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Physiologies of generation and the culture of sensibility in 18th-century Britain

May 7, 2012

Work in progress – by Darren Wagner

Describing my doctoral work can evoke the odd blush or chuckle. Such reactions are perhaps implicit to my research topic: genitalia in the 18th century. More specifically, I investigate physiological theories, anatomical displays and literary representations of genitalia. The physiologies I examine have nerves and animal spirits transmitting actions, sensations and even reproductive material between the brain and organs of generation. These physiological theories developed within a specific cultural moment, one that had a significant preoccupation with how the body and the mind affected each other. Accordingly, I have found that corresponding ideas about nerves and genitalia are found in both sexual scenarios in literature of sensibility and in medical or anatomical treatises explaining generation.

Between 1660 and 1770, anatomists made a substantial effort to discover ‘the secrets of generation’. How did arousal and erections occur? Which sex created and emitted seed? What was seed made of? And what were the medical consequences of having sexual intercourse? To explore these questions, new theories, instruments and procedures were invented. Animal spirits, an ethereal nerve fluid, became the most influential theory. These spirits coursed through the nerves, conveying sensations and responses between the body and mind. The actions of these animal spirits explained sexual pleasure, arousal and pain. Also, this highly refined substance was considered the principal material in generating human seed. A Harveian circulatory model applied to the animal spirits meant that ejaculation deprived the body and brain of these spirits, which led to terrible melancholic symptoms following venery. As more medical and physiological attention was given to nerves, genitalia became more regularly defined as particularly nervous.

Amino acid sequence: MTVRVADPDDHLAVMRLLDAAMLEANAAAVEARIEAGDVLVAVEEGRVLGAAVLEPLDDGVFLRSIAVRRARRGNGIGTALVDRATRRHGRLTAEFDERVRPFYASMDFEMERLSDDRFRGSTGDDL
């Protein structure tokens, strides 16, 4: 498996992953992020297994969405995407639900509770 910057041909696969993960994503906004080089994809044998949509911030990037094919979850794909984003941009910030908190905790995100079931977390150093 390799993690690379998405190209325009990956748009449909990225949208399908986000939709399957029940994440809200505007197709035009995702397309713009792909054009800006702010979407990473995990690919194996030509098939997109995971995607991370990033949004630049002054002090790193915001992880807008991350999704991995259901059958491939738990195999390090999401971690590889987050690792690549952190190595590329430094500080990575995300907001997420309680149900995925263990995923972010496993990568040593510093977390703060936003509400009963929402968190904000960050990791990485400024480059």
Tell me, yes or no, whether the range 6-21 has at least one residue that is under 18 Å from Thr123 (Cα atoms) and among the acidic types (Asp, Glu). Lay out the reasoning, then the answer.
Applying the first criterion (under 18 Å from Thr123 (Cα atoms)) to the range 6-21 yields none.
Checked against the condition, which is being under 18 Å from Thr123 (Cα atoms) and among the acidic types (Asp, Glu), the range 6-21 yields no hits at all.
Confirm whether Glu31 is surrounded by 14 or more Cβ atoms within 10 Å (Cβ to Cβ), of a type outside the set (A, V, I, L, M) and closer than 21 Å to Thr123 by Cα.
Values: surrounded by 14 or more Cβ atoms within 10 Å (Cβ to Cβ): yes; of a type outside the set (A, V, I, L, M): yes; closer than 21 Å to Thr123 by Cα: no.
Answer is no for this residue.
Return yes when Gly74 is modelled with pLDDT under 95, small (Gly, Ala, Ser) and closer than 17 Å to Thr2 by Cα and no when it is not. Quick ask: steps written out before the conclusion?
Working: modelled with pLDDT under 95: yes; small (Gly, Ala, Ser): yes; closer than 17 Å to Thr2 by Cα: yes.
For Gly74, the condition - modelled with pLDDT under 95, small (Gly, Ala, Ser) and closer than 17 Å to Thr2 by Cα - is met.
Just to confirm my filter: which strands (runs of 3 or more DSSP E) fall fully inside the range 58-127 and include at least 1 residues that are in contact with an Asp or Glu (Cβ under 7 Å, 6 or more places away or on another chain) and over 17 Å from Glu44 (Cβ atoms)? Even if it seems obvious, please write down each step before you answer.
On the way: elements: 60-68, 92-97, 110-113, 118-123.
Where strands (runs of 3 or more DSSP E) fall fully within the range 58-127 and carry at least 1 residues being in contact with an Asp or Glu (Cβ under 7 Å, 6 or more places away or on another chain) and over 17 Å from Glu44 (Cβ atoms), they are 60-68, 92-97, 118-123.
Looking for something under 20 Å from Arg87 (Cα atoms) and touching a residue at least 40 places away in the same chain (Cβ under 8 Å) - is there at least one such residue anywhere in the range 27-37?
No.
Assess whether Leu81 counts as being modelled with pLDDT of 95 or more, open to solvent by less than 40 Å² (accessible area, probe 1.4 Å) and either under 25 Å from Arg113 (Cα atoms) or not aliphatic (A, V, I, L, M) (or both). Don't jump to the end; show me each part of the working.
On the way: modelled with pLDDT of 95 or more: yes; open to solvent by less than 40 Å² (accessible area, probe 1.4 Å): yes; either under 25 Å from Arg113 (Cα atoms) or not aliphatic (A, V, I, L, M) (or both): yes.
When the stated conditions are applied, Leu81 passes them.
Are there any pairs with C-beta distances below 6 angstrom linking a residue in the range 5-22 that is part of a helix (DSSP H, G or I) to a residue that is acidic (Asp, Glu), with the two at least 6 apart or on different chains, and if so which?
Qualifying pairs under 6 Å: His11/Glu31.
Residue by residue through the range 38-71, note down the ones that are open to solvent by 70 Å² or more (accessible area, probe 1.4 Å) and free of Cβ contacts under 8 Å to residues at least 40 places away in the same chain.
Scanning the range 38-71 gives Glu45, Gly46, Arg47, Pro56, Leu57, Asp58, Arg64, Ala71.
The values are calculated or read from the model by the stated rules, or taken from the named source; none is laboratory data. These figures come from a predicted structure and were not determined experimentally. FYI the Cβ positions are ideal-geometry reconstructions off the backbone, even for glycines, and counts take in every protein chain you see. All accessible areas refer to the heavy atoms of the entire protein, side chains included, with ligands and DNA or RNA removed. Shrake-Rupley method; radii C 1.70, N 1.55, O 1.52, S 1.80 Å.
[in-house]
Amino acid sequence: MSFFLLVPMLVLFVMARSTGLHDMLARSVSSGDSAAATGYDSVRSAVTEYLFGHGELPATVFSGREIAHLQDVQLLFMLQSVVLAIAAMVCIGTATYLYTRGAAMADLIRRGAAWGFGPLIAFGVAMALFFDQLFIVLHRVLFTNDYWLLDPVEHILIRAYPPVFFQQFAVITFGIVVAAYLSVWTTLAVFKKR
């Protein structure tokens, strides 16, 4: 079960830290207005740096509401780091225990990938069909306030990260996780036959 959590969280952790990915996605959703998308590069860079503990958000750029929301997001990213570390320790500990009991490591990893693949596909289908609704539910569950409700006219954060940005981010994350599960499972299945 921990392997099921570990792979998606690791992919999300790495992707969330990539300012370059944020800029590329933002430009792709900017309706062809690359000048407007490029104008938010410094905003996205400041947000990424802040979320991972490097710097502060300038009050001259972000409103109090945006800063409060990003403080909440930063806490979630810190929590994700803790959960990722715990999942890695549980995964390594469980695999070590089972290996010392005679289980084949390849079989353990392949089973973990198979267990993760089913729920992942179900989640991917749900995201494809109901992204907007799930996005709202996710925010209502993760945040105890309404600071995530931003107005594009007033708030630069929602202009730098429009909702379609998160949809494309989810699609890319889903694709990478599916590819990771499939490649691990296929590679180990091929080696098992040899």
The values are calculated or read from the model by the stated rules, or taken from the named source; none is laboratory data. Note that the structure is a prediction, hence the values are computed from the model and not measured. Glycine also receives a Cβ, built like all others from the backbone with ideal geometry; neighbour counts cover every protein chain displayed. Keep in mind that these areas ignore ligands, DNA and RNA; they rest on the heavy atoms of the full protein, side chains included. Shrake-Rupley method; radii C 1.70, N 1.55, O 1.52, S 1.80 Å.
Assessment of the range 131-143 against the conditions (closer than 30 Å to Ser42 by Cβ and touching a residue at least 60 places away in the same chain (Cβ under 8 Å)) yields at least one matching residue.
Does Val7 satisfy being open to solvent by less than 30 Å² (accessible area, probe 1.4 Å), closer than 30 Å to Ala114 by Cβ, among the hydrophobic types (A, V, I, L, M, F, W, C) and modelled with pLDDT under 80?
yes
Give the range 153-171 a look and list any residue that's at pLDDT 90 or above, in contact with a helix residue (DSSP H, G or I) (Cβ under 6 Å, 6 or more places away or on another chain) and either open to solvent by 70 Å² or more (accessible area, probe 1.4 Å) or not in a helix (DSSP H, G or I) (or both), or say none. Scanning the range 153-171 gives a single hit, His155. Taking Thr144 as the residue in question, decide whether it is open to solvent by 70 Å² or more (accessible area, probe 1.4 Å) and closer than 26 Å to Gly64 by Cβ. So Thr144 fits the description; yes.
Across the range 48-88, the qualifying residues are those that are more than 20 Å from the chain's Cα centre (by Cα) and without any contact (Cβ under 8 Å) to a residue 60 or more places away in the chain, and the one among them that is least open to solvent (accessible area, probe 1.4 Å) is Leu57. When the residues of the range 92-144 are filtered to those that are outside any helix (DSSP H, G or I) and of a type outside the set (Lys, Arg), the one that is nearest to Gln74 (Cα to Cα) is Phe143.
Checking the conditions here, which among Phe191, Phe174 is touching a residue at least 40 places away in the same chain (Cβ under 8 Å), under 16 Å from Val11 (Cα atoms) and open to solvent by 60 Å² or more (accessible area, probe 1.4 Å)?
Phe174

Anatomical tools and preparations affirmed these reproductive physiologies based on animal spirits. Increasingly, anatomists prepared genitalia displays with air inflation or injections of water, dyes, waxes or mercury. They developed specialised tools such as probes, pipes and syringes to perform these preparations. Techniques and practices such as creating corrosion casts of wax-injected vasculature and preserving tissues in spirits became gradually refined and widely disseminated. As part of the growing museum display culture, these developments in instruments, techniques and theories led to visually stunning displays of genitalia. Most importantly for physiologists, inflations and injections emphasised the cavities, potential spaces and vessels that animal spirits along with other bodily fluids were believed to flow through.

The genito-urinary system, after Eustachius,  Cheselden & De Graaf, 1743. Wellcome Library

The genito-urinary system, after Eustachius, Cheselden & De Graaf, 1743. Wellcome Library

Several anatomists gained high repute for their fine genital preparations. Fredrik Ruysch was praised for his preservation fluid and intricate displays. William Cowper gained acclaim for his inflations, as did Herman Boerhaave and Regnier de Graaf. Yet the most telling instance of genital preparations affecting an anatomist’s reputation was the fierce priority dispute and paper war between William Hunter and Alexander Monro Secundus over discoveries about lymphatics. A central proof in this dispute was a mercury injection of an epididymis, an example of which furnished John Hunter’s dining hall and is still prominently displayed in its gilt frame in the Hunterian Museum, London. But the influence of these displays extended well beyond the small circle of anatomists or the vocational interests of physicians.